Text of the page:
129 Followers
124 Following
nataliya

nataliya

“Books are a uniquely portable magic.” 
― Stephen King, On Writing.

Nataliya's quotes


"If you want to know what a man's like, take a good look at how he treats his inferiors, not his equals."— J.K. Rowling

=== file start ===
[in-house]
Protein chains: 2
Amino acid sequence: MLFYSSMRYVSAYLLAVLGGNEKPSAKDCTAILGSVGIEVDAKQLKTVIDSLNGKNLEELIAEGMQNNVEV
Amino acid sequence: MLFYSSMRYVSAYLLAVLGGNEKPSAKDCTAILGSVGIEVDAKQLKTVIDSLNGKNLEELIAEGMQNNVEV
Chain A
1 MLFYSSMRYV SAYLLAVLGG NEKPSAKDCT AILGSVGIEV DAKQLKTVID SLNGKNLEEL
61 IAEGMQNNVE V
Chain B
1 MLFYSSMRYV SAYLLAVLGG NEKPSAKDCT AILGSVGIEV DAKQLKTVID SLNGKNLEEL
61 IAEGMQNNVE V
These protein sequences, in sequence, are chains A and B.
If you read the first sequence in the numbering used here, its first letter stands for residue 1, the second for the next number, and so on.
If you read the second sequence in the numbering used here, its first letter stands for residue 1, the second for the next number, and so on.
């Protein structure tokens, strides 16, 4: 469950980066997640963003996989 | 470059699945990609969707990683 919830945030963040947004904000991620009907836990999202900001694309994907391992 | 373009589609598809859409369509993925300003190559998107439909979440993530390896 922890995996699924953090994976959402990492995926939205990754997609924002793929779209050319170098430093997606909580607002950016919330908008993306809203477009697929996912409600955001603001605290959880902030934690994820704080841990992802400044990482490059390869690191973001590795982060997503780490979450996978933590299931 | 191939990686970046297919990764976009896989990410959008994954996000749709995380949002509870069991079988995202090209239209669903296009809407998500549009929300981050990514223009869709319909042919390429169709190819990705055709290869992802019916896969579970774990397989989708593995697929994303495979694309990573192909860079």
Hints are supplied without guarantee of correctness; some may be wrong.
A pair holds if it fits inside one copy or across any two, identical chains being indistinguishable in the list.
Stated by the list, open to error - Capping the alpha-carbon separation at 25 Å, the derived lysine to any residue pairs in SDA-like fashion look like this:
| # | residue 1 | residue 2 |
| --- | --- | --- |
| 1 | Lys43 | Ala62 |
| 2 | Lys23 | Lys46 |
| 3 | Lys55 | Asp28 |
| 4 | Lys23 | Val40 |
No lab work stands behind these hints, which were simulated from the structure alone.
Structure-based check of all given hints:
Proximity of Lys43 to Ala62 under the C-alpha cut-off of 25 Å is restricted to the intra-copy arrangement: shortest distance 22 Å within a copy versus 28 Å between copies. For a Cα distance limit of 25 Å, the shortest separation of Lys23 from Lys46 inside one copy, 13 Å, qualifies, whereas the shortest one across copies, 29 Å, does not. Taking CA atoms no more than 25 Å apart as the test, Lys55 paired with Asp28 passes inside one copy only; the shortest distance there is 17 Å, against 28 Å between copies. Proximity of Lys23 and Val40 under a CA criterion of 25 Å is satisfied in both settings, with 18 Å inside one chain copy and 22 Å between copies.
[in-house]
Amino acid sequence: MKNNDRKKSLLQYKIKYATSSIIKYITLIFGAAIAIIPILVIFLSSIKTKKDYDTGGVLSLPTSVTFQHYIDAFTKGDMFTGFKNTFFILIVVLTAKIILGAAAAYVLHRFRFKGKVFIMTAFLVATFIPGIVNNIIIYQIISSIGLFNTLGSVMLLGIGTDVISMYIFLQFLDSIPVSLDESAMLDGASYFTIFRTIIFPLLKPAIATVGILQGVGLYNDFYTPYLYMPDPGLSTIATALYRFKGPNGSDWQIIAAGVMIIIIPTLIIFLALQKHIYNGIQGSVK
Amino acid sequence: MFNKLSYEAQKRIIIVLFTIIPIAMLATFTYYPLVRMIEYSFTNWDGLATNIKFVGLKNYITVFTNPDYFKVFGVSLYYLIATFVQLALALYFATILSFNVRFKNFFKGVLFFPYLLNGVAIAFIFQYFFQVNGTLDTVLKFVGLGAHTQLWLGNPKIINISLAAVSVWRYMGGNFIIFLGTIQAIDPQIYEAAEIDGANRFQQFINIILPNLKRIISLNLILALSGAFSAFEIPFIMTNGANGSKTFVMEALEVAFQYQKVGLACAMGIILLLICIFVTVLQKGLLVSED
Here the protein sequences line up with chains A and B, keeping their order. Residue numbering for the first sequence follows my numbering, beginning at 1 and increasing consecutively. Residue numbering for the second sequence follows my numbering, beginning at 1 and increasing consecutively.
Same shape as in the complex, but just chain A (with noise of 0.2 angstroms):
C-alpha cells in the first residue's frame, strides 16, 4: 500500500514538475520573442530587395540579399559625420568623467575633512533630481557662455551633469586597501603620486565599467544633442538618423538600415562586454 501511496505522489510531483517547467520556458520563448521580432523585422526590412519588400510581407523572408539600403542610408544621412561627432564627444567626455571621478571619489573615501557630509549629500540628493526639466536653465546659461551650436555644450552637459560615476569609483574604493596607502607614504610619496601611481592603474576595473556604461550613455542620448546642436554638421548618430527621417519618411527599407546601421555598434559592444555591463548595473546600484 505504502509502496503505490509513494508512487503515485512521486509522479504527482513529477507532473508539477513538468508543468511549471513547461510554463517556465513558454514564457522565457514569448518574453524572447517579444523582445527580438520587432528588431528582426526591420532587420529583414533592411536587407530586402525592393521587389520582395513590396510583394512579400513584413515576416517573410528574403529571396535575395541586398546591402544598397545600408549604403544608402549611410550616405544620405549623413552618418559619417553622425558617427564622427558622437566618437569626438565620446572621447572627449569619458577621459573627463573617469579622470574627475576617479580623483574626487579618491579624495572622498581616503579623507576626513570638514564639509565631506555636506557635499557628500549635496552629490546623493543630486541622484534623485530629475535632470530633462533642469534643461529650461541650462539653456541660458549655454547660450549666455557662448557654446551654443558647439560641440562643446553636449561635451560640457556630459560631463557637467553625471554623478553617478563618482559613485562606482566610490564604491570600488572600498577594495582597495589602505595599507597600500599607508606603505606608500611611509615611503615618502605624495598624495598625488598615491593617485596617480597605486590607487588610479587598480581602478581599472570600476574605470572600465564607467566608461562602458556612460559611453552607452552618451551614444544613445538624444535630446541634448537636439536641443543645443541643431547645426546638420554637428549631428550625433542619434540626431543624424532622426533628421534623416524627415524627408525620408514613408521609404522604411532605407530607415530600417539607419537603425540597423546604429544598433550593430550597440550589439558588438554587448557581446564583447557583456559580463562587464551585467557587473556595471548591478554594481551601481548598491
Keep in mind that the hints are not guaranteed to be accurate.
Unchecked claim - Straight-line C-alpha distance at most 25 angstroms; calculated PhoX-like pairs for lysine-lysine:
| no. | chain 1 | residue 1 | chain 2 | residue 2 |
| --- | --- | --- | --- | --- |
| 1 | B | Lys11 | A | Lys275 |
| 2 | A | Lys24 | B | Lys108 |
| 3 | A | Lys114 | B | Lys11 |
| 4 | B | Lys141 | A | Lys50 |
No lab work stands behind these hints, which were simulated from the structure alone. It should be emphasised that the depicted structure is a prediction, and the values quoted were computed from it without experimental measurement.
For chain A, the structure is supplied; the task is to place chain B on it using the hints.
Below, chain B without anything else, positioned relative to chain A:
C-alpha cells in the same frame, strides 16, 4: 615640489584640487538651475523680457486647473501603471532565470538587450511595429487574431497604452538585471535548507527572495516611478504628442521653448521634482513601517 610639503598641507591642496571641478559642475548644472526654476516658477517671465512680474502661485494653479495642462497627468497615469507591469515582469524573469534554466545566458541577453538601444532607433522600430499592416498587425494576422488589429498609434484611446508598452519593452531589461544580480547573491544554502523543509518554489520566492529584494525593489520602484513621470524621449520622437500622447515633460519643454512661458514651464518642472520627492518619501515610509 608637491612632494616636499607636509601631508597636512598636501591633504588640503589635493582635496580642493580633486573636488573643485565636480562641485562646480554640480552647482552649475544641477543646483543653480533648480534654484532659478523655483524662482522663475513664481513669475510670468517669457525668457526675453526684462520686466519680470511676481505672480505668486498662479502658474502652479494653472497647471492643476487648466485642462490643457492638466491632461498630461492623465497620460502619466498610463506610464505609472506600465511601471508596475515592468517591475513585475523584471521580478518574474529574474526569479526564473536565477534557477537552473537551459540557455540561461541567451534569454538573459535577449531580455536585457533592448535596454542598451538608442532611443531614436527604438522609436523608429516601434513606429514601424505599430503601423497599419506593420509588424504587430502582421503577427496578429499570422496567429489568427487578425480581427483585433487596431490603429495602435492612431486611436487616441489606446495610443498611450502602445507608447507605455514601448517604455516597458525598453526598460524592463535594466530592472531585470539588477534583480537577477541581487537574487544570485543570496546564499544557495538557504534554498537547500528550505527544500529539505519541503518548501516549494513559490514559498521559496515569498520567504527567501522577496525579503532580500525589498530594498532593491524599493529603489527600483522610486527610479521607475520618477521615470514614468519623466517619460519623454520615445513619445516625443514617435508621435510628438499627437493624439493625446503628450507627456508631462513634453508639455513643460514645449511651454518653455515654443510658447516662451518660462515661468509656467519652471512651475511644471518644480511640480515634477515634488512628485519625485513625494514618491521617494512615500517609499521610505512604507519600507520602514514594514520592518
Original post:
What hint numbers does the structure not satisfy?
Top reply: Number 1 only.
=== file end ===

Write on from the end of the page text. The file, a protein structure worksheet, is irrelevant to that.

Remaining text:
Night Watch - Sergei Lukyanenko, Andrew Bromfield "We don't even know how to wish evil on anyone. Except that our Good is not any different from Evil."How do you write the *real* Russian urban fantasy? Spice up your standard recipe with extreme moral ambiguity, questioning of morals and purpose, blend the distinctions between the forces of dark and light creating moral greyness, add questionable authority figures, question the benefit of one versus the benefit of the society, and you got the right mix!¹¹ Other optional ingredients include: a touch of prejudice, some misogyny, a bit of latent homophobia. (Very unfortunately. But Russian society is, frankly, not known for being very accepting). And, of course, vodka."The Dark freedom is, first of all, the freedom from yourself, your consciousness and soul. When you feel no more pain in your chest - it's time to scream for help. Except for then it's too late."Sergei Lukyanenko's Night Watch has all of the above. It starts as your typical urban fantasy featuring a magical cop who is one of the 'good guys' in the city filled with wizards and vampires and other outwordly stuff (Harry Dresden and Peter Grant immediately come to mind). But very quickly it takes a turn from magical adventures to moral dilemmas, questioning of Good and Evil, and blurring the distinctions between the Light and the Dark. What does it mean to be good or evil? Can the Light side cause as much harm or even more harm than the Dark side? Communism and Nazism are prime examples of that. What is more important - individuals or society?"It would have been so good had everything remained just as simple and clear as it was when you were twelve or twenty. If the world had only two colors: black and white. But even the most honest and simple cop, brought up on the stars-and-stripes ideals, will understand sooner or later that the streets have more than just Light and Dark. There are also agreements, contracts, concessions. Informants, traps, provocations. Sooner or later you'll have to sacrifice your own, plant packets of heroin into others' pockets, hit them in the kidneys - carefully, so no traces are left.And all of this for the sake of the simplest rules.To preserve the law. Persecute Evil. Protect the innocent.I had to learn to understand that, too."From very early on, you realize that the Light and the Dark are not fighting each other in Lukyanenko's Moscow. The goal instead is learning to coexist, to maintain the precarious balance, to uphold the laws, to live at a standstill, so to say. The balance that often requires sacrifices and questionable deeds - for example, the vampires who hunt people without permission are punished, yes, but what about the people who by the tacit agreement are meant to become nothing but food for the law-abiding predators? This is the tenuous peace where distinctions are arbitrary and bureaucracy rules. This is the kind of peace that cannot sit well with anyone who is at all idealistic - but what is the alternative? The benefit of one versus that of many? That's enough to drive anyone crazy. And that is among the things that Anton Gorodetsky, an ordinary Moscow 'Other', a member of the Night Watch (the police force of the Light side) has to deal with. And it bothers him - and yet he knows why it is necessary. And I loved the moral dilemmas and ambiguity that come from that."The scariest thing in the war is to understand the enemy. To understand means to forgive. And we don't have the right to do that..."Now, if you love your straightforward Good versus Evil and 'good guys always win' approaches, then this book will be frustrating as hell to you. If you prefer action over long ruminations about the nature of good and evil, you will be bored and annoyed. But if you love some philosophizing and a bit of moral ambiguity and Dostoyevsky-style moral dilemmas - well, my friend, you will probably have a great time reading this book.'So why don't I understand where the boundary is, what is the difference between me and some witch that goes to black mass? Why am I asking these questions?''You will always ask them. At first, out loud. Then silently. This will never pass, ever. If you wanted to be rid of painful questions, you have chosen the wrong side.''I've chosen what I wanted.''I know. And therefore you will suffer.''My whole life?''Yes. Your life will be long, but you'll never get used to that. You'll never be able to stop questioning how right is every step of your way.'I found it very interesting to have a fantastical story set in Russia (and by a Russian author!) and not in the familiar Western surroundings. I loved the distinct post-Soviet feel of the story, the language and the references that easily pinpoint the time period of this book. The events take place in the late nineties, when the allure of capitalism and the sad realities of it were colliding in Russian society, when idealism and enthusiasm of early nineties were hit by the harsh reality and had to meet cynicism and disappointment. It created a very specific vibe in the society, the vibe that resonates throughout this book. And this vibe made the endings of each of the three stories that comprise this book feel not as much underwhelming (as some thought) but inevitable and unavoidable. Because life does not have to be fair, let's face it. Because nobody owes you anything. Because quite often life, honestly, sucks, and you can't have it all, and you can't be whatever you want to be regardless of what people tell you."We want so badly to have clean hands, warm heart and cool head. But somehow these three things cannot coexist. Ever. A wolf, a goat, and a cabbage - where is the insane ferryman who could stick them into the same boat?""The common benefit and the individual benefit rarely go together".Yes, I understand. This is the truth.But perhaps there are some truths that are worse than lies.'Overall, I liked this book. Yes, it is nowhere near perfect. Yes, there are bits of intolerance that spoil the overall picture and yet do not surprise me, a child of a post-Soviet country. But it was fun, and sad, and had just enough moral rumination to appear to my inner Russianism, and for all that I recommend it and give it 4 stars.'And we will try to change the fate of the world again?' I asked. 'In addition to our little personal matters?'He nodded. And asked, 'You are not happy about that?''No.''Well, Anton, you can win at everything. Even I didn't manage that. And you won't be able to.''I know,' I said. 'Of course I know that, Geser. But I still want it so much.'----------------By the way, my review of the sequel, The Day Watch, is here - for your reading pleasure.